Progressive web apps function like apps without the need to download and install them. Navigating around an app is often a smoother, more satisfying experience than a website, especially on mobile, which is why brands are often so keen for their customers to download apps.
And while the market for native apps is undeniably huge, the sad truth is the vast majority of people spend most of their time on three or four globally dominant apps, and the adoption of brand apps, outside of these big hitters, is low. In fact, in our original research 21% of our survey respondents said they don’t shop using specific brand’s own mobile apps.
Store visitors simply don’t have the time or inclination to download and install a native app. First, would-be customers need to find your app among millions in the app store, then have to use it enough to warrant keeping it on their device. Using a PWA delivers a similarly satisfying experience, but to a much larger audience of visitors.
Brands that use the speed and UX advantages of PWAs to power their headless commerce storefront, creating smooth, continuous, and fast site navigation, end up with a big competitive advantage over ecommerce businesses using slower-to-load traditional, dynamic websites. Mainly because a faster, more satisfying user experience leads to more traffic and higher ecommerce conversion rates.
It’s what makes the almost instant site load on repeat visits possible. It also creates a continuous experience that brands are in control of, even in offline mode.
It’s important to note that PWAs are not just for mobile. Their adaptability means brands can create device-specific experiences for their customers, but the tech powering those experiences is exactly the same. PWAs create enhanced performance across devices.
As anyone who’s taken a brief look into it will tell you, there are many, many options to choose from when considering going headless.
You don’t have to pursue headless commerce with a PWA (this is just one route available). You can decouple your ecommerce platform backend using a traditional, dynamic website, or even a traditional, native app.
Indeed, one of the main benefits of headless commerce is its flexibility. As the backend is separated from the frontend, the rest of your tech stack is largely agnostic about what’s powering your frontend delivery platform.
The beauty of this is that you can use the solution that works for you. How you decide to go headless will depend on what your existing ecommerce stack looks like and what needs you have now and in the future.
Examine these two factors first (existing stack and future needs), then you’ll be in a stronger position to work out which frontend delivery method is going to take you where you want to go.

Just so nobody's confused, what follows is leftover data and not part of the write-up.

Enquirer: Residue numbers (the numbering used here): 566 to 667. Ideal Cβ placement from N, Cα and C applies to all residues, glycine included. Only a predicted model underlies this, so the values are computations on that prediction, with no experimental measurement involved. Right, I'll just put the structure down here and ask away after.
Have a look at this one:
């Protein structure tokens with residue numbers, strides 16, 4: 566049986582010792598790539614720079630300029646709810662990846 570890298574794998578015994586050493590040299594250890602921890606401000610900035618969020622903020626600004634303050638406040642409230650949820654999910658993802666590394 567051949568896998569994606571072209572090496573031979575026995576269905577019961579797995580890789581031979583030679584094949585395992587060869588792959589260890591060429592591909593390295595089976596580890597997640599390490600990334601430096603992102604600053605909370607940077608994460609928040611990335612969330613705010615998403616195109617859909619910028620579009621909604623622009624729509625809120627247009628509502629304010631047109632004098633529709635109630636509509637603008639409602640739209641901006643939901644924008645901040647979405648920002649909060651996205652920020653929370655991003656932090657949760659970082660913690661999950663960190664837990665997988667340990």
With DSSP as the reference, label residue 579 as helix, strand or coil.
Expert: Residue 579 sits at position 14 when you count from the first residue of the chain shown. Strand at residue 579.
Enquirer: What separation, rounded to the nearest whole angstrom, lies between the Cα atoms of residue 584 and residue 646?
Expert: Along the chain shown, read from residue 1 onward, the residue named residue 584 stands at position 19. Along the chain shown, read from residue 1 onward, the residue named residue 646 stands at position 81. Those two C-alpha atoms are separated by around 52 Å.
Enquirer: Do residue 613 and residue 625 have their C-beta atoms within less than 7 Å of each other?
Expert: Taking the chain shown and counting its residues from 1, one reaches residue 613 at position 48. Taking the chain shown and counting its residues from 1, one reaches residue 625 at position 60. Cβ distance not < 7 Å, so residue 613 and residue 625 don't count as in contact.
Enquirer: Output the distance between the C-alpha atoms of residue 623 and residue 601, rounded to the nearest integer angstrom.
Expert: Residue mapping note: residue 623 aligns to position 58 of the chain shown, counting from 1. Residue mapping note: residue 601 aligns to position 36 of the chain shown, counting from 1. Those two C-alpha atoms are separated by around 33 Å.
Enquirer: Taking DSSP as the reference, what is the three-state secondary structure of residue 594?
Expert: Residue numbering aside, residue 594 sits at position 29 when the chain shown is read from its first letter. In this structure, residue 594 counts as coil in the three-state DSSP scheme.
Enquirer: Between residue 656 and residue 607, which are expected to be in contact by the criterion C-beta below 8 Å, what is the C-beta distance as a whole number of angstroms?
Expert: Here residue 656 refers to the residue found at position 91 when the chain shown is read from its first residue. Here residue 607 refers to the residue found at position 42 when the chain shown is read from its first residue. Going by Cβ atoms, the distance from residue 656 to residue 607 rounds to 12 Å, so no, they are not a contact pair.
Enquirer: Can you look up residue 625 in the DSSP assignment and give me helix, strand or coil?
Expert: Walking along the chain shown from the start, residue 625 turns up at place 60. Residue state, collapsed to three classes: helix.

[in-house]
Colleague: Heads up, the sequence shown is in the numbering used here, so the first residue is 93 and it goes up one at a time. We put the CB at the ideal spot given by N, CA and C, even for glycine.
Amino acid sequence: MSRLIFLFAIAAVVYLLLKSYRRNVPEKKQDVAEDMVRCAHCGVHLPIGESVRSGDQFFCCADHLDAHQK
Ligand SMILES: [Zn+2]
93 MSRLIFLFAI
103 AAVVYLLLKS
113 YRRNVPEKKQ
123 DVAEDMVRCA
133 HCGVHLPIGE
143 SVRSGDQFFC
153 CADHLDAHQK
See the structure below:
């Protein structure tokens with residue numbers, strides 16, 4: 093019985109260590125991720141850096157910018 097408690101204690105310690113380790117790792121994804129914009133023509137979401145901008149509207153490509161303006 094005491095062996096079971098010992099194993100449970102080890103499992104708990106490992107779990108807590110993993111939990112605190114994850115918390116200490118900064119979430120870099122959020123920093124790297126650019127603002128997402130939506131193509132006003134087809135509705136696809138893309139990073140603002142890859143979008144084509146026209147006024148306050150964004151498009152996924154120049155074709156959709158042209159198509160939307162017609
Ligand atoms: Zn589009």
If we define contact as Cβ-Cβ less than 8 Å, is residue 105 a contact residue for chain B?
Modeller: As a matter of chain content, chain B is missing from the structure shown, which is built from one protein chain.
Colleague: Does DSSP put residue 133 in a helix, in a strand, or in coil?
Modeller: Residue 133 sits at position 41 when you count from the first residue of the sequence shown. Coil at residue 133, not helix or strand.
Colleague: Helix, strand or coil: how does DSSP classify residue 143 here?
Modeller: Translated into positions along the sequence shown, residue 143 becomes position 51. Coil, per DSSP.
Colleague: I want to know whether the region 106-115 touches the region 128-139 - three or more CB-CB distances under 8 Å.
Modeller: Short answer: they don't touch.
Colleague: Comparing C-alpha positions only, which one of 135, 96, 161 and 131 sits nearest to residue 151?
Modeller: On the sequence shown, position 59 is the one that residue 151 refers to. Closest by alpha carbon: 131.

In short, because faster online shopping delivers higher conversion rates. Page-load times, especially on the mobile web, are a perennial problem for ecommerce brands. Even though load times are coming down, they are still surprisingly high.
Pages that take longer than three seconds to load are too slow for most customers. There is a well-established correlation between long load times and high bounce rates.
And speed is not an end in itself. The whole point of making a faster site via a PWA is to increase customer satisfaction, remove barriers to sales, and so increase conversions.
The speed with which PWAs load, and the ease with which visitors can navigate around them, removes many of the common hurdles on the journey from landing page to cart to checkout. A generally better UX leads to happier, less frustrated site visitors, with more of them becoming customers (and repeat customers).
Of course, there are drawbacks to PWA headless commerce too. A progressive web app has the potential to be tricky to implement depending on the route you choose. Implementing requirements like service workers and finding the right framework — Next.js, Gatsby, React, Vue, Nuxt.js, Angular, so many to choose from(!) — is a challenge without a dedicated team of developers.
The explosion of interest in PWA technology has gone hand in hand with a proliferation of dev tools that facilitate their use. And with so many options, simply deciding which one is right for your site can become a mammoth challenge.
Added to this, the extra build-step can make some DTC brands hesitate.
However, a frontend-as-a-service solution like Shogun Frontend bundles up the various dev tools required in a PWA site build end-to-end and makes them work for ecommerce brands in an accessible, low-to-no code environment.
Creating a bespoke solution can work for some brands who need the control, while for scaling DTC brands that want to focus on marketing rather than coding, a frontend-as-a-service can provide a bundled PWA storefront that takes the complex, modular development choices off your hands.
If you are a mobile-first brand that strives to give your customers the fast, rich, and smooth experience you know they deserve, then a PWA route to headless commerce can be a major step forward.